When you really break up with someone, it feels like you have already done so an infinite number of times.
The sad truth is, a breakup usually starts long before the real one even happens.
When you are on the "losing end," so to speak, you know it’s coming.
You feel the person pull away from you physically, emotionally or both.
“Things just aren’t the same anymore,” as some would describe it.
You can’t put your finger on it at first, but you notice the small things are changing.
There are fewer texts and calls, or you don't feel as affectionate.
You think it’s just a bad day, but nothing changes as more time passes.
You continue to make up new excuses for this person, and you don’t want to face any of the realities because they're plain scary.
You don’t want to know what it would feel like to be absolutely crushed by a person who consumes all your thoughts.
So, you convince yourself you have time to save it.
It isn’t a big deal. Some part of this is salvageable.
However, deep down, you know this is the beginning of the end.
To combat these feelings, you overcompensate by sending that double text, making the phone call and kissing and hugging a little extra in the hopes that the person will do the same.
Despite all you know, you pretend you know nothing.
You simply hold on for dear life.
You stabilize your feet on what feels like the last sliver of solid ground to brave the storm, and you hope it will pass.
That’s when you’re faced with the real deal: the breakup itself.
Surprisingly, this is never the part that hurts the most because you already broke up with the best times.
You’ve already prepared all the things you will never have the chance to say.
In the end, it will always seem like the other person had the upper hand.
This is because you can calculate every move you make and expose every ounce of emotion you’ve ever had.
You can literally bleed yourself dry in front of this person, but he or she is still not going to stay.
Your friends will tell you this person is missing out, did you a favor or wasn’t worthy of your time.
Your parents will say they never liked him or her anyway.
I also say these things to my friends, but I don’t know why we all still do.
It doesn’t make anything better, and in most cases, it can make things worse.
All this does is make you feel as though you've wasted your time on someone who wasn't worth it from the get-go.
You wish someone could have told you, and you resent everyone who didn’t.
It’s not about anyone else, though.
You just take the side effects of your heartbreak out on anyone who is still around because you aren’t able to take them out on the one person who walked away.
It’s not fair, but it happens.
Take a step back.
At the end of the day, if this person mattered to you — even for a moment — you should never regret him or her, hate him or her or question the person's value in your life.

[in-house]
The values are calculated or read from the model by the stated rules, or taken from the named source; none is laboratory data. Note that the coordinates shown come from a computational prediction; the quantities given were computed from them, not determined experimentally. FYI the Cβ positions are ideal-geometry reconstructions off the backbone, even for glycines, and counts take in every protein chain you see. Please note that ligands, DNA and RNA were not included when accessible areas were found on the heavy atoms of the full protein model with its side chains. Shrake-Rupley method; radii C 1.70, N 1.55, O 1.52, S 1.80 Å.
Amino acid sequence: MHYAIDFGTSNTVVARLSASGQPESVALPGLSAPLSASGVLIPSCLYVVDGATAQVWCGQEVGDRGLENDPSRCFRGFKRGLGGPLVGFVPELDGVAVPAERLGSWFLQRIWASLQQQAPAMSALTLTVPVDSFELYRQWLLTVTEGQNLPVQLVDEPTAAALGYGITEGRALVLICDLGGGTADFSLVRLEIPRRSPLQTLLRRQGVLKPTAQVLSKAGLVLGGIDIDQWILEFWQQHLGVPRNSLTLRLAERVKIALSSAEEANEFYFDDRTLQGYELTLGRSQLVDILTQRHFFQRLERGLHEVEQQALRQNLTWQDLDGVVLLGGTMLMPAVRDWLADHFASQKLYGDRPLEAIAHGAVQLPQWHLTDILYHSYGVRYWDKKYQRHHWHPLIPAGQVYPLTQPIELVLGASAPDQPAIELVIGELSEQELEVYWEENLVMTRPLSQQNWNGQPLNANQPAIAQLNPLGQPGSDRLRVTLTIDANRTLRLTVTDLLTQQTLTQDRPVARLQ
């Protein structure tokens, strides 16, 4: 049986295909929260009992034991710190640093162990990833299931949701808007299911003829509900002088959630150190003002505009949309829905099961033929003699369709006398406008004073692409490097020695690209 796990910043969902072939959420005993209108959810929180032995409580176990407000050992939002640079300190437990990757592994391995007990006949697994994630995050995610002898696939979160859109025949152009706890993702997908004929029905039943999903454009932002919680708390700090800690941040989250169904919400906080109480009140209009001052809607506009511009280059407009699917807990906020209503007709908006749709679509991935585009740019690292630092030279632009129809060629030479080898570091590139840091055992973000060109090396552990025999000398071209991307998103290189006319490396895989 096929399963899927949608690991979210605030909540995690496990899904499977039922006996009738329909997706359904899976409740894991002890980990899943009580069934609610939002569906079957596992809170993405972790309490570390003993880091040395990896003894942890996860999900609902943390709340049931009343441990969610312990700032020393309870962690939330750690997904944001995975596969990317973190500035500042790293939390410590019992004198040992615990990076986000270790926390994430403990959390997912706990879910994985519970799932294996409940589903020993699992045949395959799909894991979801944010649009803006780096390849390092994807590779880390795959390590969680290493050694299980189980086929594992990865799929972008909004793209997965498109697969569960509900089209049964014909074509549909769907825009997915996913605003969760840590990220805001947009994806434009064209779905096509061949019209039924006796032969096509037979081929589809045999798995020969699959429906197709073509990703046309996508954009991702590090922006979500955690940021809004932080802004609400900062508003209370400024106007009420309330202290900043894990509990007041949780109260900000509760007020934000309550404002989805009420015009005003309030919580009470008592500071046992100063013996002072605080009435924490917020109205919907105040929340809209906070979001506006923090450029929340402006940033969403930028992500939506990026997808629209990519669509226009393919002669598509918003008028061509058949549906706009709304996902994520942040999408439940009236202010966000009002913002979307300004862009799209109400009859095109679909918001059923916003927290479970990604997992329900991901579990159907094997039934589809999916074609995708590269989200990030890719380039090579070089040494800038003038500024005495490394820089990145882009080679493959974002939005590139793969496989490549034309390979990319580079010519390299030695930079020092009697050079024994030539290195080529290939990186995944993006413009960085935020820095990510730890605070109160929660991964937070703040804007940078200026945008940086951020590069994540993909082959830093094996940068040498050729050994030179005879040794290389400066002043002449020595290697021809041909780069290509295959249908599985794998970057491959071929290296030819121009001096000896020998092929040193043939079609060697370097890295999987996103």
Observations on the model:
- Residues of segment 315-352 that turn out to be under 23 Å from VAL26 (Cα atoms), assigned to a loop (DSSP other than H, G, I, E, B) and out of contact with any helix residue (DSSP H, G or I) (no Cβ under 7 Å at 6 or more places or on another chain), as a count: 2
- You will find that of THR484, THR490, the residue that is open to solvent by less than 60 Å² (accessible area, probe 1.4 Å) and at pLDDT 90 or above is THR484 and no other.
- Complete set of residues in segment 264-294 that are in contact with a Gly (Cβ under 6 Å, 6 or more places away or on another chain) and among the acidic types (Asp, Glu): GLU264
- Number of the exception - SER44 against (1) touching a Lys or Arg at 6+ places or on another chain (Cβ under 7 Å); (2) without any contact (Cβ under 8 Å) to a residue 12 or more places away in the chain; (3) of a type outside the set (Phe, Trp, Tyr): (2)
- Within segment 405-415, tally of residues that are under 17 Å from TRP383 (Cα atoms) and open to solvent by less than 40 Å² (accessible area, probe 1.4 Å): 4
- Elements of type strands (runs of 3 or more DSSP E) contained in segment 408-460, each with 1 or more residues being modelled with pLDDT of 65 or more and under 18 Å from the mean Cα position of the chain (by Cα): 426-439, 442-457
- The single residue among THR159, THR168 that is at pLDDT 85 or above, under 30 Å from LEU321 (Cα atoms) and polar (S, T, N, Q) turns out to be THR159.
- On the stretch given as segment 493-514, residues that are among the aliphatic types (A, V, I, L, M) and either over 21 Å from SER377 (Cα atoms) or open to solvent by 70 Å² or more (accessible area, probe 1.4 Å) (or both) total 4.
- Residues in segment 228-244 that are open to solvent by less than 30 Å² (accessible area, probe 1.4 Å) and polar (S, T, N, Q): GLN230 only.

Remember that, even if it hurts.
Boy, it will hurt.
But, it is important to know you are capable of these feelings.
Next comes the breakup with the physical memories.
This is the part that takes the most willpower because it is all you have left to hold on to now.
You’ve been checking your ex's social media for days, wondering if he or she is as distraught as you are.
You go through pictures of the two of you, and you can’t help but drive yourself crazy by wondering when exactly your ex stopped being happy.
You feel betrayed.
In a fit of rage, you delete the number you’ve been fighting with yourself not to call at night, every single photo you took together and all the messages that once made you smile from the inside out.
You throw out the things he or she left at your house, even the things you promised you’d return.
You wash every fabric that has even the slightest trace of your ex's scent.
After it’s all said and done, you might cry.
It starts to set in that it’s over for good, but it’s okay.
You won’t have to see any of it again, and that’s a step you need to take to learn to stand alone and feel real again.
This one is hard, though.
This is the one that cuts the deepest.
These infinite breakups all lead to the final moments, the ones you might never fully get over.
Eventually, you will feel things again for another person.
It’s scary, and right now, you’re promising yourself you never will.
But, it’s inevitable.
Sometimes, though, you’re not ready yet.
You might make mistakes in spite of the one who hurt you.
You might be jealous your ex is okay because you want to be okay, too.
So, you’ll kiss someone and cringe, knowing it’s not the person you spent the last two months kissing.
You won’t be in sync, and you’ll feel empty without that sense of familiarity, comfort and security.
You will hold hands and notice the new hand fits just a little differently in your fingers.
Your heart might break all over again with the knowledge that the last person you hugged, laughed with, gazed at, touched or kissed isn't your ex anymore.
You will do these things for the first time with new people, and you will be uncomfortable.
This is when you begin to forget all of the “last times” with that person.
It all seems fuzzy now, and you will want to turn around in an act of pure desperation for the past.
You will want to go back to try to save all that is no longer.
This is when you are faced with the option to either let yourself be free from that person and do these things again with someone else, or sulk in what is not meant for you anymore.
Sometimes, you’ll choose the latter.
But remember that it’s never too late to move on.
Even though it's harder, it's worth the risk to begin again, to start over and to let yourself love and be loved by someone who is truly meant for your heart.